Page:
and Fruits, pt. 7: (usually) Many-seeded Dehiscent Dry Fruits
Many dry fruits, when mature, split open and release their (usually numerous) seeds. They are categorized mainly on the basis of the number of carpels, and how they split open.
Below, wild senna. This prairie wildflower is a member of the pea (bean, pulse, or legume family), the fabulous Fabaceae. Its characteristic fruit type is a farily simple one, the LEGUME, a dry fruit derived from a unicarpellate gynoecium that splits along 2 lines or sutures.
MOUSEOVER the image to see dandelion in flower.
Wild senna fruits are legumes.
Another unicarpellate dehiscent fruit is the FOLLICLE. It splits along one line (suture). The best example of a follicle, in fact the most magnificent thing that Gog ever created (that's not a typo) is the milkweed "pod." ("Pod," by the way, is not any particular type of fruit.)
Below, Sullivant's milkweed. This is a fairly rare prairie species that is at the eastern edge of its range in Ohio (even though it was discovered here).
MOUSEOVER the image to see Sullivant's milkweed in flower (and pollinium circled).
Milkweed flower anatomy and associated pollination ecology are special. The pollen, instead of being distributed as individual grains, is carried instead in bulk, as packets consisting of an entire stamen's worth of pollen (two half-anthers each from adjacent stamens, actually). Called "pollinia," the pollen packets are snagged inadvertently by bees or butterflies merrily sipping sweet nectar from the flower's special bowl-like "hoods" and then carried saddlebag-like to a subsequently visited flower. Here's a little video of honeybees enjoying Sullivant's milkweed.
Honeybees visting Sullivant's milkweed.
Killdeer Plains Wildlife Area, Marion County, Ohio. July, 2008.
Pollination occurs when a pollinium haphazardly dragged upwards across a flower happens to slip into a downward-facing groove, the stigmatic chamber. Once inside the chamber , the pollen grains grow, developing into hair-thin sperm-delivering tubes, each of which makes its way into an ovule within an ovary. Thus it is possible (and believed typical) for all of the nearly 100 seeds in a fruit to be sired by the same male plant, i.e., the seeds in are "full sibs" (a fairly unusual circumstance, as flowers typically receive mixtures of pollen from many sources).
Below, some details of milkweed pollination.
Left: milkweed flower with pollinium inserted into the stigmatic groove.
Right: cross-section of pollinated milkweed flower.
As shown in the cross-section above, each milkweed flower has two ovaries. There are 5 stigmatic chambers; it is believed that 3 of them serve one ovary, and two serve another (perhaps with a little cross-over). Thus is is possible for a flower to have both ovaries pollinated and, if there are ample resources to support it, both ovaries may develop into follicles. Two fruits from one flower!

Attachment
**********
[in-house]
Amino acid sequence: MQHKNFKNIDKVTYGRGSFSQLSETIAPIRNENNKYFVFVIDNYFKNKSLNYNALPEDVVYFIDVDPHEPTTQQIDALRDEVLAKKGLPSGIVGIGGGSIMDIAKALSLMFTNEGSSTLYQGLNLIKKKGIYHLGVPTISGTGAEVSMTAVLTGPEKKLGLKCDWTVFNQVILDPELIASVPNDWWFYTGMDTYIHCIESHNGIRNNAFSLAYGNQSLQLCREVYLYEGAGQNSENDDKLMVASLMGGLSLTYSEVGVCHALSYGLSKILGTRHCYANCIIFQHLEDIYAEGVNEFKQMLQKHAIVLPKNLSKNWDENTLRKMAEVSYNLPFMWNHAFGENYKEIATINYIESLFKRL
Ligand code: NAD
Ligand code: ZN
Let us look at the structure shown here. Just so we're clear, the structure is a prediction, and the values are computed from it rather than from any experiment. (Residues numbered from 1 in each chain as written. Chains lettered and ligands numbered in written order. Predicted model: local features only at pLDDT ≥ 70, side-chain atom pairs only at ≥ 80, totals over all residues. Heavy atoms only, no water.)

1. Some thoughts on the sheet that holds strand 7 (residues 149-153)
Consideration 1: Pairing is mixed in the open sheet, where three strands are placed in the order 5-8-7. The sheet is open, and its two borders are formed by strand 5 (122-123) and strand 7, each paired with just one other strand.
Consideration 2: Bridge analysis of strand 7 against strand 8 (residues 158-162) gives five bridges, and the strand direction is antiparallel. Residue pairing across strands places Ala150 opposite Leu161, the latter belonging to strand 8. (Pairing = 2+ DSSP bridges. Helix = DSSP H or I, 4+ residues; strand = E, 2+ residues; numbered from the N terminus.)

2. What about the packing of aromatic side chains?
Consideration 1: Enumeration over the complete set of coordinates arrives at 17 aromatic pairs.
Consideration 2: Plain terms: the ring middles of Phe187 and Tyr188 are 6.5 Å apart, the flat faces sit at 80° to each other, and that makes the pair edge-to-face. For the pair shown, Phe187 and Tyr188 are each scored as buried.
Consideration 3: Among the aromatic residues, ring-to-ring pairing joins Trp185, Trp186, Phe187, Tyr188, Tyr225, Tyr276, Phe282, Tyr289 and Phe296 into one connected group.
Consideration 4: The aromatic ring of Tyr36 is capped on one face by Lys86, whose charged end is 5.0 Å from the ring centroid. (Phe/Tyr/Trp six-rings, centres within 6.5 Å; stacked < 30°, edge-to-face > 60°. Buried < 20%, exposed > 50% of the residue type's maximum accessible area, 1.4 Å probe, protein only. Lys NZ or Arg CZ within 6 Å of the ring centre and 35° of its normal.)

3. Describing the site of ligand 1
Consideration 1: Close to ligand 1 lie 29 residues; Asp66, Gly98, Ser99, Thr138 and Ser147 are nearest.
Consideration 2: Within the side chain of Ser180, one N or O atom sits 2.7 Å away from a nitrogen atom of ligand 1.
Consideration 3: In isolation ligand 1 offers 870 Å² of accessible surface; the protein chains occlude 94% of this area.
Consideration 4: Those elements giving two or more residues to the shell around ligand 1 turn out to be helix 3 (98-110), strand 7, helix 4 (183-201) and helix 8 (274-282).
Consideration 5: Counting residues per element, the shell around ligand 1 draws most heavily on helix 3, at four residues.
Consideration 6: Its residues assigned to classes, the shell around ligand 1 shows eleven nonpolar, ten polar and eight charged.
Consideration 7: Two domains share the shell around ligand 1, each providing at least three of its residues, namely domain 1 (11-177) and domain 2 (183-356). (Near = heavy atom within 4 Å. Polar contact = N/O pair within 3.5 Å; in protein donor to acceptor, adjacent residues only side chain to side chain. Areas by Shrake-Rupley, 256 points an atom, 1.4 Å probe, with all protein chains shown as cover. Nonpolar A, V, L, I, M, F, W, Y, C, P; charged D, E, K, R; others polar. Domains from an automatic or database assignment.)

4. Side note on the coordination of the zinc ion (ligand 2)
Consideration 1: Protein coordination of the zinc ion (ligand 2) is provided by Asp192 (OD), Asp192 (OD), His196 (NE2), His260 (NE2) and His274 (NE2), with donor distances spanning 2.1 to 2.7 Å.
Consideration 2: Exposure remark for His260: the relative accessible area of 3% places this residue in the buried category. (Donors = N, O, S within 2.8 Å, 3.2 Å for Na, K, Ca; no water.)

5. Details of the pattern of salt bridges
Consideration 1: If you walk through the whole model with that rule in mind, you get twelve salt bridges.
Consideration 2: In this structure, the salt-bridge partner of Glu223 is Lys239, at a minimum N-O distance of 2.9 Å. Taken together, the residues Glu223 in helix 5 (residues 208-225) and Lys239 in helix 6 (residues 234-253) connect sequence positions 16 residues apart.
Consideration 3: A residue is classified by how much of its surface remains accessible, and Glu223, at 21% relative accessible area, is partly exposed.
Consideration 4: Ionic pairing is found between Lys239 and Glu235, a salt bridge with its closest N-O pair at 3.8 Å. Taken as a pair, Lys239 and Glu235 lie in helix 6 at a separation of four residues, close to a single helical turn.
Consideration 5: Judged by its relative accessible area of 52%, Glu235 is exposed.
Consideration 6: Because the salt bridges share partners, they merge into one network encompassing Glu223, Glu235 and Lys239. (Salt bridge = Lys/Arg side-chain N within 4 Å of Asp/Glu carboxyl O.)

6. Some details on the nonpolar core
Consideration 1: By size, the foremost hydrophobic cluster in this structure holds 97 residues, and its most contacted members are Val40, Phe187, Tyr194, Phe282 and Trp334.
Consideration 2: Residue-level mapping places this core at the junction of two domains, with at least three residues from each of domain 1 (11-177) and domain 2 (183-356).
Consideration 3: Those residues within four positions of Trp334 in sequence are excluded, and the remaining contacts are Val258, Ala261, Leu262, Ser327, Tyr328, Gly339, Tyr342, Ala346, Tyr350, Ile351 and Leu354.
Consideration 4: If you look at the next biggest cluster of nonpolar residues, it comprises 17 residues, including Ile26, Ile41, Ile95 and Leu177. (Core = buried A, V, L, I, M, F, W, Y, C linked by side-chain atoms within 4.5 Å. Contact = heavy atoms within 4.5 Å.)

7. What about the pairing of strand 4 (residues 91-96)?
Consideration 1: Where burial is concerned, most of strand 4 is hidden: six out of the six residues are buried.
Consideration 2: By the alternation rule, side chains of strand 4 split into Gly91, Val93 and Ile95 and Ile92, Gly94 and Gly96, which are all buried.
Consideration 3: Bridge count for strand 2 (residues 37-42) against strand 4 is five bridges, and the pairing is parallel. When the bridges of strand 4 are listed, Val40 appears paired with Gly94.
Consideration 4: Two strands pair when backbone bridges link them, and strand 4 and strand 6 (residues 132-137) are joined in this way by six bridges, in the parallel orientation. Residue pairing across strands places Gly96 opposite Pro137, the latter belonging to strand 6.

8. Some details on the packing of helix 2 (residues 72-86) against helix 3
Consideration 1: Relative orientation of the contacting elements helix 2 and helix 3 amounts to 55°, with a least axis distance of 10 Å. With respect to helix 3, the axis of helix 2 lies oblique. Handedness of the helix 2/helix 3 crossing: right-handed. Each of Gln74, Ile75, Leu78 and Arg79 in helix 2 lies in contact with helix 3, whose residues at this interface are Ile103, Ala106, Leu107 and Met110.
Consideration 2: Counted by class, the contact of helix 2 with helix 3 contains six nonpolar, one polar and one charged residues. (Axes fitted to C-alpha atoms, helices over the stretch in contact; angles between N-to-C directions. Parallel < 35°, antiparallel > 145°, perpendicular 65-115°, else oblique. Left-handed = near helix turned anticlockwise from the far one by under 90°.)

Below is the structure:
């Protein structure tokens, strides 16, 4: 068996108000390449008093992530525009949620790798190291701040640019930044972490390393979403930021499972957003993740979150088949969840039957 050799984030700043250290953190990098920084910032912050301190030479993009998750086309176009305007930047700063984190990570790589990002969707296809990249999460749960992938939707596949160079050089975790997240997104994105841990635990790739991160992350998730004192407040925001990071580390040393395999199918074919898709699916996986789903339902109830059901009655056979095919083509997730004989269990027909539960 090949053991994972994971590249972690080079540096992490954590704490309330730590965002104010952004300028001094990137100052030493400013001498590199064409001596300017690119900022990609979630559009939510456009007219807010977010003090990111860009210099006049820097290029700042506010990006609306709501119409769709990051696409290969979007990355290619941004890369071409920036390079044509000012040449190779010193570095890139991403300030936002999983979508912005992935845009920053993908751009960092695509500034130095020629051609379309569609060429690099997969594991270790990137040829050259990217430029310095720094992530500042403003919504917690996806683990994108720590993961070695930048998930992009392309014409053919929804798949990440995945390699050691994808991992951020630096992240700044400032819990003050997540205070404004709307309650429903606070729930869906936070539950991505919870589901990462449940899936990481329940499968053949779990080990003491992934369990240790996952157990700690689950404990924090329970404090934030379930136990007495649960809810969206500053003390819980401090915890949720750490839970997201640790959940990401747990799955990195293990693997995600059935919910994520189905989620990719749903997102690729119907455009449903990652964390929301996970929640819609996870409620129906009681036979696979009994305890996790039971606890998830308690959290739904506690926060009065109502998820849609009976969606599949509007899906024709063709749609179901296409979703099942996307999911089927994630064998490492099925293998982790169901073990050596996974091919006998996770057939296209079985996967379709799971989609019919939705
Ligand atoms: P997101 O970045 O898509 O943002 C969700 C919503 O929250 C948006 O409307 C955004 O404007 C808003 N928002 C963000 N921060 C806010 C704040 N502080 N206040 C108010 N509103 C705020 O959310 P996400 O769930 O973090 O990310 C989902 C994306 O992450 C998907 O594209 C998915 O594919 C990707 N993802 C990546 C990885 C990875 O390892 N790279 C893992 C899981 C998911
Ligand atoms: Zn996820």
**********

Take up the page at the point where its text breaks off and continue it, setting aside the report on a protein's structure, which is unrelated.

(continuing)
Below, an example of such "twin" fruits (of a different species, common milkweed, Asclepias syriaca). Note that, on the left, the two follicles are attached to a single pedicel (flower stalk) whereas on the right, the two fruits are simply from separate flowers within the same umbel (flower cluster).
Set of pairs of common milkweed fruits resulting from simultaneous fertilization of two ovaries of
(left) a single flower, and (right) two separate flowers.
The most widespread dry fruit is the CAPSULE. Capsules are derived from a syncarpus gynoecium (more than one carpel) and they split open to release their seeds. Capsules can split in various ways and are often sub-categorized on that basis (picky-picky!).
Below, royal catchfly. This, one of our very few truly red-flowered plants, is a rare species in Ohio that nonetheless grows in fairly disturbed prairies. It is an example of a septicidal capsule, i.e., one that splits along the plane of carpel union. (Other ways a capsule might split are longitudinally, or by pores at the top.)
MOOSEOVER the image to see royal catchfly in flower.
Royal catchfly capsules.
A SILIQUE is a special capsule found only in the mustard family (Brassicaceae). It doesn't look so special, the distinction is internal. There's a papery partititon inside that divides the fruit into two chambers that runs across the two carpels of which the fruit is composed. (Usually a partion separates the carpels.)
Below, black mustard. This common weed is actually the species from which the condiment is derived.
MOUSEOVER the image to see black mustard flower.